As the negotiations over the Trans-Pacific Partnership agreement (TPP) continue to trudge along, little new information has leaked because the negotiations are being conducted under conditions of strict secrecy.
But this week, the launch of the TPP: No Certification website by a coalition of activists has shed new light on one issue that has been often overlooked before now. The United States, exclusively amongst the dozen negotiating partners, is reserving the right to vet other countries' implementation of the agreement before its own obligations come into effect. This has worrying implications for other countries planning to take advantage of whatever flexibilities remain in the TPP text after the negotiations are finished.
For example, the leaked draft of the TPP requires signatory countries to provide “legal incentives for service providers to cooperate with copyright owners.” Since “legal incentives” is so vague, there are several ways in which a country might interpret and implement this—a narrow interpretation might merely require Internet Service Providers (ISPs) to be offered a tax break for hosting anti-piracy banner ads, but if interpreted more broadly it might penalize ISPs millions of dollars unless they disconnect suspected infringers from the Internet.
Certification means that this ambiguity or flexibility could disappear, leaving countries with only one, extreme interpretation of their obligations under the TPP—whatever interpretation the US Trade Representative (USTR) unilaterally decides.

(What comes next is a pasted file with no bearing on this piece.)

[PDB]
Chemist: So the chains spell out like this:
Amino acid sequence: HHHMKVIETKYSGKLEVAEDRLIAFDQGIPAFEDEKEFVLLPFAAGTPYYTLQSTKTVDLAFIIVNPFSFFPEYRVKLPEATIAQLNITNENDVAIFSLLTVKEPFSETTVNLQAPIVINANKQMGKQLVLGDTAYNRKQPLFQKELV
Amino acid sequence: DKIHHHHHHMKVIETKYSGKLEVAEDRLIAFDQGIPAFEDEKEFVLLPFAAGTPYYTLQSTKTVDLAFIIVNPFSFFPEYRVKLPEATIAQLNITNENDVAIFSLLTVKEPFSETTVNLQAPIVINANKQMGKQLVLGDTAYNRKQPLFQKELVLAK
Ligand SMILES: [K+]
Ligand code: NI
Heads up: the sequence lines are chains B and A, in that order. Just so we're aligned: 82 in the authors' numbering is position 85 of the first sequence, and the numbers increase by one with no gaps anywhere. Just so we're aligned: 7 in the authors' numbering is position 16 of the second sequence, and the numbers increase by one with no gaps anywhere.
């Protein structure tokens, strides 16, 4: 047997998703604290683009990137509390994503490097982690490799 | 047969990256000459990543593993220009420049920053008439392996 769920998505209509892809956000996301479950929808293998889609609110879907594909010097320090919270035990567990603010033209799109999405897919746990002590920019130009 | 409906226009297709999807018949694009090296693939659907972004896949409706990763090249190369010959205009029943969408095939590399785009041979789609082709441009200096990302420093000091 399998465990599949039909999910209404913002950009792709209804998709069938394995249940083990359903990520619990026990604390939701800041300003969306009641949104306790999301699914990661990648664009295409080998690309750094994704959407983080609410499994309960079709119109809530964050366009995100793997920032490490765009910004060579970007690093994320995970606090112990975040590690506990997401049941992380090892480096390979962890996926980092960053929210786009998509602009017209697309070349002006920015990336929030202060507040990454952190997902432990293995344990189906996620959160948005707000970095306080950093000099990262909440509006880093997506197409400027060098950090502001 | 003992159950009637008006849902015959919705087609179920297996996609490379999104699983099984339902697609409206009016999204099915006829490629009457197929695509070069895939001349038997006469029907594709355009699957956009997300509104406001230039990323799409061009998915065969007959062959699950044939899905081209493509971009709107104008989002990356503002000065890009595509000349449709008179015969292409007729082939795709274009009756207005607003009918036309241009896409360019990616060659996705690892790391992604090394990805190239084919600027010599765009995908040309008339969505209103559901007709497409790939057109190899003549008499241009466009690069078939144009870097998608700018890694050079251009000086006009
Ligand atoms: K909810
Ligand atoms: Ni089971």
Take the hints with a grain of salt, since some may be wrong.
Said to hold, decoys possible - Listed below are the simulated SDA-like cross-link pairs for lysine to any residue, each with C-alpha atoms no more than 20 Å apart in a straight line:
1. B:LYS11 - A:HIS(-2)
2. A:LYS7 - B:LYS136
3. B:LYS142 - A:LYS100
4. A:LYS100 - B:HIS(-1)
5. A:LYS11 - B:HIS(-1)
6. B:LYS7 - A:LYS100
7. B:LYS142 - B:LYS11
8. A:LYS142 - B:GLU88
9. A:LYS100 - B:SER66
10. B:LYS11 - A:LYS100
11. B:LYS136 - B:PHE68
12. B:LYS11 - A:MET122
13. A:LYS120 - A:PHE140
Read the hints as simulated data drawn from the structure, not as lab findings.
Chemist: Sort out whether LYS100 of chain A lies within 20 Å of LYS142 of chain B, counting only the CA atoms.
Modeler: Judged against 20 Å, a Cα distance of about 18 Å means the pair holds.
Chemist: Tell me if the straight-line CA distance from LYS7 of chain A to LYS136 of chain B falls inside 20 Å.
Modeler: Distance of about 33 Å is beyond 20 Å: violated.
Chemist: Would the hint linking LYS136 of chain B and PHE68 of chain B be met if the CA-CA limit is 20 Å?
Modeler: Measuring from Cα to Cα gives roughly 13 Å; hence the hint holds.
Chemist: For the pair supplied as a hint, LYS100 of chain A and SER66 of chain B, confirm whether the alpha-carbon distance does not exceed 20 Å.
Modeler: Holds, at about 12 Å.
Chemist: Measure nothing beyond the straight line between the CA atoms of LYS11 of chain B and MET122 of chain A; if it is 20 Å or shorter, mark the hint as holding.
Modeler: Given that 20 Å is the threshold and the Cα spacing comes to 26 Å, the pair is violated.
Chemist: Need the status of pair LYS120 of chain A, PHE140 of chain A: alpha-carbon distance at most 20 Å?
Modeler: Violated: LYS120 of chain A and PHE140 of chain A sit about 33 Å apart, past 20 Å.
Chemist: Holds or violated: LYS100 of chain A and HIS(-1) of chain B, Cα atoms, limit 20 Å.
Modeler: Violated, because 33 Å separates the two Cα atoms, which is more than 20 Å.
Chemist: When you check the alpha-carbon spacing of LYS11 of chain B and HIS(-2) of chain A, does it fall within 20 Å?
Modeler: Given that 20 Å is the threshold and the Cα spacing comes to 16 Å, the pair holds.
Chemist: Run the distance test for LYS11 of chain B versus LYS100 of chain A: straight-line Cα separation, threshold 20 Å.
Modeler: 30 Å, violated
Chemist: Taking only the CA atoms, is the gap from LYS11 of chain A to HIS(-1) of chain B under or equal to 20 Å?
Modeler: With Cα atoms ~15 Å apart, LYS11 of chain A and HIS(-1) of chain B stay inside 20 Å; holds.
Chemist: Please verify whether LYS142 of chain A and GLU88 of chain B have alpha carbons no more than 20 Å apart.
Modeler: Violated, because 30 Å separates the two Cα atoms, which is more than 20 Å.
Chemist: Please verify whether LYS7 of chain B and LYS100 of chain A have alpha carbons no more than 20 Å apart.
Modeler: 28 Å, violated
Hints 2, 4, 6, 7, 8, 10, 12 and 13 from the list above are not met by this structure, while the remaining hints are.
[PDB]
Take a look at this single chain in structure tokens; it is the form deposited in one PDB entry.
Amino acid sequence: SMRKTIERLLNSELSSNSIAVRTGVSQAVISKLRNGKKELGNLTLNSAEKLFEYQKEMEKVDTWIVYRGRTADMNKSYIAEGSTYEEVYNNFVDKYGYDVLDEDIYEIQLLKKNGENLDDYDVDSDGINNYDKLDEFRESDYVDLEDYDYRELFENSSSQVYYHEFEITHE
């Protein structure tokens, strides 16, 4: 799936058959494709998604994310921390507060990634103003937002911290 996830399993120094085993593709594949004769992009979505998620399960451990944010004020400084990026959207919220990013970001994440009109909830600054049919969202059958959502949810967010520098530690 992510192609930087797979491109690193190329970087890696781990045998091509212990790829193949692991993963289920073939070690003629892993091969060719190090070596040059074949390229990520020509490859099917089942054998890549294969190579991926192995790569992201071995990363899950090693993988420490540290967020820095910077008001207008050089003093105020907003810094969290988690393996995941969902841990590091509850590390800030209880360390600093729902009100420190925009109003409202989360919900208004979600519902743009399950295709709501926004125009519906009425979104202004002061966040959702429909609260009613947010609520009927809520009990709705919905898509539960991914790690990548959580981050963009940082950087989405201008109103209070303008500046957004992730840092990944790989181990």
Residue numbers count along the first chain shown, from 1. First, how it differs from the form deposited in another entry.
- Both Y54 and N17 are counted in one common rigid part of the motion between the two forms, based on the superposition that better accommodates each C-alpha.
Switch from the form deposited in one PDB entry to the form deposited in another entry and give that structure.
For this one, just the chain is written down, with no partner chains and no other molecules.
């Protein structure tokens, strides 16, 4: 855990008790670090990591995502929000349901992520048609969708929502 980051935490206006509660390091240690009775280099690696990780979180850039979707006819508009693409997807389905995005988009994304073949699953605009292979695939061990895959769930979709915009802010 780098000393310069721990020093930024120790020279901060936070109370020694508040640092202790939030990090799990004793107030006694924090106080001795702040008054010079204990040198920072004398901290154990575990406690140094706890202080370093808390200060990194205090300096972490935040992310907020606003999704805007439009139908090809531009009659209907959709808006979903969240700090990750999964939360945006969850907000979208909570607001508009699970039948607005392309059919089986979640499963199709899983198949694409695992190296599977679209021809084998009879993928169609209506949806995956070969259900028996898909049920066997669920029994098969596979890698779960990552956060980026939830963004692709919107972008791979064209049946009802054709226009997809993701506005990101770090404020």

Before the TPP becomes binding on any of the negotiating countries, they will each have to undergo a set of domestic procedures to approve the agreement. These vary from one country to another. For most countries, once this domestic approval process has taken place, this will activate its obligations towards all other countries that have undergone a similar approval process.
But only for the United States, its approval of the agreement will take place in two phases. First, Congress gives its overall approval of the TPP text, and second, the implementing laws of each of the other countries must be individually certified before the obligations of the US take effect for that country. This certification is not conducted by an independent body, but by the USTR, based on its own assessment of what was agreed—even if these supposed obligations were not reflected in the final text. Essentially, it's a way for the US to twist the arm of other nations until they enact policies it couldn't get them to agree to during negotiations.
The threat of certification is not widely known in itself, but what has been even more obscure is one of the USTR's main motivations for toughening up certification requirements on its trading partners. Some of those partners have a record of passing more flexible copyright and patents laws than the US would like, so they use these certification powers to try to hold those nations ransom until they can get the policies that appease its domestic interests.
Chile, for example, entered into a Free Trade Agreement (FTA) with the United States in 2004, but only in 2010 finalized a system for copyright content takedown. Under this system, unlike under the US DMCA, removal of content by intermediaries requires a court order in order to comply with Chile's constitution and its obligations under the American Convention on Human Rights.